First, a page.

Salman Rushdie has revealed that he has already written 100 pages of the memoir that will tell the story of his decade in hiding under the threat of death.
In an interview for his new book Luka and the Fire of Life, Rushdie told Reuters that he was now mid-way through an account of his years spent living under police protection following the fatwa pronounced against him by the then-Iranian leader Ayatollah Khomenei in 1989.
The author said that he had already dealt with around a quarter of the story, and the experience of writing had so far been a good one. “I’m not getting churned up and upset, I’m just writing it and I’m feeling quite pleased to be writing it,” he said.
The fatwa requiring Rushdie’s execution was issued after publication of his controversial fourth book The Satanic Verses, seen as blasphemous by some Muslims because of its depiction of the prophet Muhammad.
In February 1989, days after a rally at Hyde Park during which copies of Rushdie’s book were burned, Ayatollah Khomenei issued the fatwa, urging all “zealous Muslims” to execute the author. The following day he went into hiding with his then wife, the novelist Marianne Wiggins, under the round-the-clock protection of Scotland Yard’s Special Branch. The threat of assassination wasn’t lifted until 1998, when the Iranian leadership finally modified its position in a move to restore ruptured diplomatic relations with the UK.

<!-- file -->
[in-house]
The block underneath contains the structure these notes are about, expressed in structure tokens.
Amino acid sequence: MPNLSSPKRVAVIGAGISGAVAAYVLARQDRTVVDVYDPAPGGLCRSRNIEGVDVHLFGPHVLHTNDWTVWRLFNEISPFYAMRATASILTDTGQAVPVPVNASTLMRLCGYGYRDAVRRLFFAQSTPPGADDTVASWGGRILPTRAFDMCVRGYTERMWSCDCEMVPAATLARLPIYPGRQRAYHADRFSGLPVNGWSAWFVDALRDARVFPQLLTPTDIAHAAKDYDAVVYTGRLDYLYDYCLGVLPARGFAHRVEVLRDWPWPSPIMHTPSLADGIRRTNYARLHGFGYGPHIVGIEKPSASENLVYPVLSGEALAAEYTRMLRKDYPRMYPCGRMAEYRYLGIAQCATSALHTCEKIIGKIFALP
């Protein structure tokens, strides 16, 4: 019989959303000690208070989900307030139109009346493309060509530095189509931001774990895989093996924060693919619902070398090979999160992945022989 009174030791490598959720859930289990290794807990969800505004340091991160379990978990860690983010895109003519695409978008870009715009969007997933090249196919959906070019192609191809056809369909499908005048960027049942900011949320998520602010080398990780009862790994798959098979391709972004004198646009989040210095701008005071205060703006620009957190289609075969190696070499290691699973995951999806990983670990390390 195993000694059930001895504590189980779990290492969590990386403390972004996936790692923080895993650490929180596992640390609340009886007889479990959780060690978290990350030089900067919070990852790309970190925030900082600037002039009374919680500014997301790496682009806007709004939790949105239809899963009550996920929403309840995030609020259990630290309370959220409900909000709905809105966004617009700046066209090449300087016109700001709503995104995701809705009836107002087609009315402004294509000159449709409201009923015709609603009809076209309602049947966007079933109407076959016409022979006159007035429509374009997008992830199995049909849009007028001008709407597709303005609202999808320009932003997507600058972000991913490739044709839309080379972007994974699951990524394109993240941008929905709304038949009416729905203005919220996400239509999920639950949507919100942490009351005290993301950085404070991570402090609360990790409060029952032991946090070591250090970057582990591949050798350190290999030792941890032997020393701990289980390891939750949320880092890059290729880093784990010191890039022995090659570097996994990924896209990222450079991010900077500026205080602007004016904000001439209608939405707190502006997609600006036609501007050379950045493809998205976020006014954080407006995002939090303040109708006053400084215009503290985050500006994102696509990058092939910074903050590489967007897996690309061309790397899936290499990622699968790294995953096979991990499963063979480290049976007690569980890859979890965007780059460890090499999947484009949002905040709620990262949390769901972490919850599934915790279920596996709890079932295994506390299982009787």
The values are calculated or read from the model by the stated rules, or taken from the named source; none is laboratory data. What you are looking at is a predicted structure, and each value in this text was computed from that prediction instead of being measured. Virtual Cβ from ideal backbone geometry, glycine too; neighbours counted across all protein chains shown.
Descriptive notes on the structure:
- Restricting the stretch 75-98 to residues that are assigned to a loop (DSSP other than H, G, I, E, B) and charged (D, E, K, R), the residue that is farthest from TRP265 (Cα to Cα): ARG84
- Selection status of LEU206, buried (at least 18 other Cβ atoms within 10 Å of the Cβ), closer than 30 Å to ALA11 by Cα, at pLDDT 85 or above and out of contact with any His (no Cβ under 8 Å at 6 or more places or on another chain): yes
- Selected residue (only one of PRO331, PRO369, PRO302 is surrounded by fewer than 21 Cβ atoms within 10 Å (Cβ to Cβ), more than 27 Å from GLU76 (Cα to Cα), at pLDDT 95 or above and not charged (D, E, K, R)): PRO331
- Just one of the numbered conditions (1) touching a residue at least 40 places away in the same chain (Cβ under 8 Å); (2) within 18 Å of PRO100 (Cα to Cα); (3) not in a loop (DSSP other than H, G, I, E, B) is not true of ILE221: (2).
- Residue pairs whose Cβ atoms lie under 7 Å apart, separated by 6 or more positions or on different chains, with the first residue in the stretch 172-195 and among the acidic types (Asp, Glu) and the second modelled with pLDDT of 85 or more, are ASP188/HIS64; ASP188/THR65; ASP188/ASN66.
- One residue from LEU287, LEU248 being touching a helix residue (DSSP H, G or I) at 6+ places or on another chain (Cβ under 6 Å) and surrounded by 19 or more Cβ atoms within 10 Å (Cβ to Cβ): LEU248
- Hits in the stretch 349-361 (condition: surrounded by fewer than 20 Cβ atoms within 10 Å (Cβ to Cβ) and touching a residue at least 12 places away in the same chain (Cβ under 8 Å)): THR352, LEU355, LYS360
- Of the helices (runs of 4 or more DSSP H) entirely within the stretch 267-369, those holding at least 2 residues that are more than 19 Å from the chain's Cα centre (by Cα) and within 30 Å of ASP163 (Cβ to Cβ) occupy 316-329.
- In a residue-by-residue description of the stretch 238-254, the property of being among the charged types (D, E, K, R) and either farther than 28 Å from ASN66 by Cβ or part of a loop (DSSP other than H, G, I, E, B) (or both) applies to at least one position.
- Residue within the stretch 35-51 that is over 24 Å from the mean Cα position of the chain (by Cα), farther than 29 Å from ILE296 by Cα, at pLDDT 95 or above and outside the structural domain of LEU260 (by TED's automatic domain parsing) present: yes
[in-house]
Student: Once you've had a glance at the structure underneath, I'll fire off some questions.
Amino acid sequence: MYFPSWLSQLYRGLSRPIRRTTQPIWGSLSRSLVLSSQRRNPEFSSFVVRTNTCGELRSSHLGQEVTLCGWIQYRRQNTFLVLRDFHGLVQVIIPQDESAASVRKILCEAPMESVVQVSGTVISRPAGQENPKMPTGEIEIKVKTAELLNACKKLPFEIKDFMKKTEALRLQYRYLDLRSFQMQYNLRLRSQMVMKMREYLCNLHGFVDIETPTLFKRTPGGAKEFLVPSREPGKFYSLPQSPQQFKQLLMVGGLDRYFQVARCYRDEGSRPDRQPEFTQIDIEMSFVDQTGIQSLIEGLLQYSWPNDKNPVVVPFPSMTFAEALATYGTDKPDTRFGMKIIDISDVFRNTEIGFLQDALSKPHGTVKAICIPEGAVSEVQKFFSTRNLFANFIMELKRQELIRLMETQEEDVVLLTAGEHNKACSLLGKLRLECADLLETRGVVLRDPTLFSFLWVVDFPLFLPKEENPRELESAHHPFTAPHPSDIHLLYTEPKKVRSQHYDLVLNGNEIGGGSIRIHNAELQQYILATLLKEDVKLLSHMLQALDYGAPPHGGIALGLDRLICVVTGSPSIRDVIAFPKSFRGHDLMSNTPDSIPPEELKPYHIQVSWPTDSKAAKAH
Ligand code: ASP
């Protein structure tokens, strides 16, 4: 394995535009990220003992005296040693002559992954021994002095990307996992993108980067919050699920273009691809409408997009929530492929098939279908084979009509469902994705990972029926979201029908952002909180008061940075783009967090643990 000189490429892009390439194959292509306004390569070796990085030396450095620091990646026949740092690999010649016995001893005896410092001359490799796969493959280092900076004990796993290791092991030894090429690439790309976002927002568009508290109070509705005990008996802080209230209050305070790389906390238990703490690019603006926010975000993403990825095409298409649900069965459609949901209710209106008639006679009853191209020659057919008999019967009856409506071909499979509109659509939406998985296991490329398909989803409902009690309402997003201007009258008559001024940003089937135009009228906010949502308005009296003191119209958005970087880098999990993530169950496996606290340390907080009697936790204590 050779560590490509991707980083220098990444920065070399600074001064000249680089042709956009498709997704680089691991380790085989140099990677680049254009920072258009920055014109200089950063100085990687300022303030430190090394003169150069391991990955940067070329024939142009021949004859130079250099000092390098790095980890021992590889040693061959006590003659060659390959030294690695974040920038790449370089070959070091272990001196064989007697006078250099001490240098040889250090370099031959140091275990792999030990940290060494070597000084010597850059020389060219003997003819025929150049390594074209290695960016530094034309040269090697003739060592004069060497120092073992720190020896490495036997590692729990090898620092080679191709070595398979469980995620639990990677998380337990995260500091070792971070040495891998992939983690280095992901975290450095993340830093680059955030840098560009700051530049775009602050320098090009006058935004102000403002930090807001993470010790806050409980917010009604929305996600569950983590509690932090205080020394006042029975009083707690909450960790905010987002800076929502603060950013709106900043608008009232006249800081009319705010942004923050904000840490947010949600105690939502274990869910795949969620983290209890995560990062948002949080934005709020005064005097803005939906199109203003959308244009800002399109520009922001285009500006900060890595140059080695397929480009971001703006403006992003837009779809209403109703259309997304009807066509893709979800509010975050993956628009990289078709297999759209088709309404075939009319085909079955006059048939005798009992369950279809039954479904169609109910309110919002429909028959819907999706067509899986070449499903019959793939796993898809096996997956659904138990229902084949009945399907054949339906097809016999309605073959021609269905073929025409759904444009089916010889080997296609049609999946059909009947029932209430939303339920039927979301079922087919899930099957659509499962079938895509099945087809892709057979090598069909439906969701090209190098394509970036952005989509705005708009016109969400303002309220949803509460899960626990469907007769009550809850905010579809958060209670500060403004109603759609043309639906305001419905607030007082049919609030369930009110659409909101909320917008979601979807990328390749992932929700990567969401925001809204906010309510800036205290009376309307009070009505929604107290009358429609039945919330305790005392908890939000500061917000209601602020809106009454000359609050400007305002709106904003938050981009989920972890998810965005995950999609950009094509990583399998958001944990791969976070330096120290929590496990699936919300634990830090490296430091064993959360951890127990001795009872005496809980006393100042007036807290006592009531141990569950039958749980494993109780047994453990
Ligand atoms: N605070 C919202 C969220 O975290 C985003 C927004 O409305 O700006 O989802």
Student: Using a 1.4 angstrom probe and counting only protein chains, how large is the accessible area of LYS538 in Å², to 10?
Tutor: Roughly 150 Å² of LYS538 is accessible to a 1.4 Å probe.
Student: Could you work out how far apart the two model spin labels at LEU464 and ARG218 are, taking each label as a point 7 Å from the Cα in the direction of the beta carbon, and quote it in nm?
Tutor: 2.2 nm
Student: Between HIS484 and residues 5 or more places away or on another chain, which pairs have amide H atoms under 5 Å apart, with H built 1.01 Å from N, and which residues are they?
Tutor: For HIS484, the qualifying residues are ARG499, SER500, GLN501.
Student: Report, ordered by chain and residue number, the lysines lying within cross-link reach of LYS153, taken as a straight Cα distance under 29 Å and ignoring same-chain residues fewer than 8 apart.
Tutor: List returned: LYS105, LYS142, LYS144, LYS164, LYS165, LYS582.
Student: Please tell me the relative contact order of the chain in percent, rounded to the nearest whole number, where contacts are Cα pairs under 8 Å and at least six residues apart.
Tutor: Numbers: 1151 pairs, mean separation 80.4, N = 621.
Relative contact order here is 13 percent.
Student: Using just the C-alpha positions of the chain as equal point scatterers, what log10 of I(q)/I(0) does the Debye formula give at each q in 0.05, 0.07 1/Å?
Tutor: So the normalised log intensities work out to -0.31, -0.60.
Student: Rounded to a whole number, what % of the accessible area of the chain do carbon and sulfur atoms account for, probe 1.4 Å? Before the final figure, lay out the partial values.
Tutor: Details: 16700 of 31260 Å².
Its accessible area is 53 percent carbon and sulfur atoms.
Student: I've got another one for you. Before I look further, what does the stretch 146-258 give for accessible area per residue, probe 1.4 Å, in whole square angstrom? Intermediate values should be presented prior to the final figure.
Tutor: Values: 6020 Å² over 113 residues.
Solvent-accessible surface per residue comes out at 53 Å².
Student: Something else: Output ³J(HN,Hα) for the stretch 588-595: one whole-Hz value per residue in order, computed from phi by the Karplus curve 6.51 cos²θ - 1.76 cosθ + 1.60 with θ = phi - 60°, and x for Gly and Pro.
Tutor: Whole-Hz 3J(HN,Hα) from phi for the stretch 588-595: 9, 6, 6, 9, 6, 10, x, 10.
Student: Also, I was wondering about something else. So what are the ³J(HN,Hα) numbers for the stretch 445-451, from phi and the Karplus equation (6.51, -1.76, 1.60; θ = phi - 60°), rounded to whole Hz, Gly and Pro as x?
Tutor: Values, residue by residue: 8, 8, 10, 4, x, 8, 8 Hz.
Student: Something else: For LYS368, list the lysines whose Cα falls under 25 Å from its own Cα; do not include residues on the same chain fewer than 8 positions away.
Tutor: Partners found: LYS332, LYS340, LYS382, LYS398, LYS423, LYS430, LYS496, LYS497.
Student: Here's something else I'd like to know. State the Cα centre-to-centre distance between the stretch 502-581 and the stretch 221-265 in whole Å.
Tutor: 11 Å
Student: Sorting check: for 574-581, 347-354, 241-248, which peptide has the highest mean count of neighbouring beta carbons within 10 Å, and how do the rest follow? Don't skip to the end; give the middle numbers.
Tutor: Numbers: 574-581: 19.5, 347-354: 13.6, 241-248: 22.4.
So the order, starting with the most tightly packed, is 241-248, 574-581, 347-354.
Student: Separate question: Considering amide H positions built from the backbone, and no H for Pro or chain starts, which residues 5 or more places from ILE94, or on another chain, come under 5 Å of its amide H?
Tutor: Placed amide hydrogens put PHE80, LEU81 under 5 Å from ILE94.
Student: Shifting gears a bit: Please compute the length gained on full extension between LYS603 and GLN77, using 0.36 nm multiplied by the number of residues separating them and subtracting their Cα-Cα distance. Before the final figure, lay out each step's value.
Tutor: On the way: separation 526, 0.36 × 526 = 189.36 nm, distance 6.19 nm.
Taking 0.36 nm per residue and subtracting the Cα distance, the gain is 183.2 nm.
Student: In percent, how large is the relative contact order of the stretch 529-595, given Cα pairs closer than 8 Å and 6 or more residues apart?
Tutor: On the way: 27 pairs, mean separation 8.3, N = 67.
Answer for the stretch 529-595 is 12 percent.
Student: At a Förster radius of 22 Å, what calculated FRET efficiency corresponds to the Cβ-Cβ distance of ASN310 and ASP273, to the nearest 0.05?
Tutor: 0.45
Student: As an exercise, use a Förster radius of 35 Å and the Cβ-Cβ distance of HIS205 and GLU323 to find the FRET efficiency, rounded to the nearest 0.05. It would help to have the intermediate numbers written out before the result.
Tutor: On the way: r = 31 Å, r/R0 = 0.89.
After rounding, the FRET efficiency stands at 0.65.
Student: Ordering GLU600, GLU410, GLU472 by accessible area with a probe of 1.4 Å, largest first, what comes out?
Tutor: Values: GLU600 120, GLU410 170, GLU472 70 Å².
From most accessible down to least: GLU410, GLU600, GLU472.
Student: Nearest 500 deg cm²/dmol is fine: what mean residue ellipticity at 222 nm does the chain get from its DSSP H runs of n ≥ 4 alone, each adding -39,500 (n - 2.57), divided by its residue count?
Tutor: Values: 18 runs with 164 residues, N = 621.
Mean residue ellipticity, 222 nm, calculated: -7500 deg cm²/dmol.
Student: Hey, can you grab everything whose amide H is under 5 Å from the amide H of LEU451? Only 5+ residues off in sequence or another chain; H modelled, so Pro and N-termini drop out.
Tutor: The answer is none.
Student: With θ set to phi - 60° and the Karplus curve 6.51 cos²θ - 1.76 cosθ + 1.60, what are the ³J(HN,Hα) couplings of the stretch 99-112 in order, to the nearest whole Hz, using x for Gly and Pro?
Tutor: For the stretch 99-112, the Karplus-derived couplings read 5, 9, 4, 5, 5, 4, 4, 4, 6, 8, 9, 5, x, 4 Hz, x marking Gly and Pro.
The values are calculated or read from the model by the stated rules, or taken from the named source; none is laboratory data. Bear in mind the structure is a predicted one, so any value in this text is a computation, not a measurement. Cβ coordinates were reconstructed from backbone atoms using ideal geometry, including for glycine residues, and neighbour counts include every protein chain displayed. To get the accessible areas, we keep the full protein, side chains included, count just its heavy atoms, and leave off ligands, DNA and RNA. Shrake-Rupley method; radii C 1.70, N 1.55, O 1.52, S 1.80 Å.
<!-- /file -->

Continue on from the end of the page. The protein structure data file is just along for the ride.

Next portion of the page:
It has taken Rushdie a long time to give his personal account of those difficult years. “It’s true that there being a kind of information vacuum allows people to speculate or to invent maliciously and that has been a little frustrating,” he told Reuters. “But the truth is that until quite recently I was not ready to write this book.”
Currently, Rushdie is aiming to finish the memoir – as yet untitled – by the end of 2011, but said that the date will depend on whether the film version of his Booker-winning novel Midnight’s Children goes ahead next year. The film of Rushdie’s second novel, which was named the Booker of Bookers in 1998, and took the follow-up Best of Booker award in 2008, is to be directed by Indian-born film-maker Deepa Mehta, and Rushdie is writing the screenplay himself.
News this summer that the author was considering writing the memoir prompted an enthusiastic response from booksellers, with Waterstone’s spokesperson Jon Howells commenting: “The ironic thing is that this may be his most commercial book in years.”
This article is written by Benedicte Page and was published in The Guardian.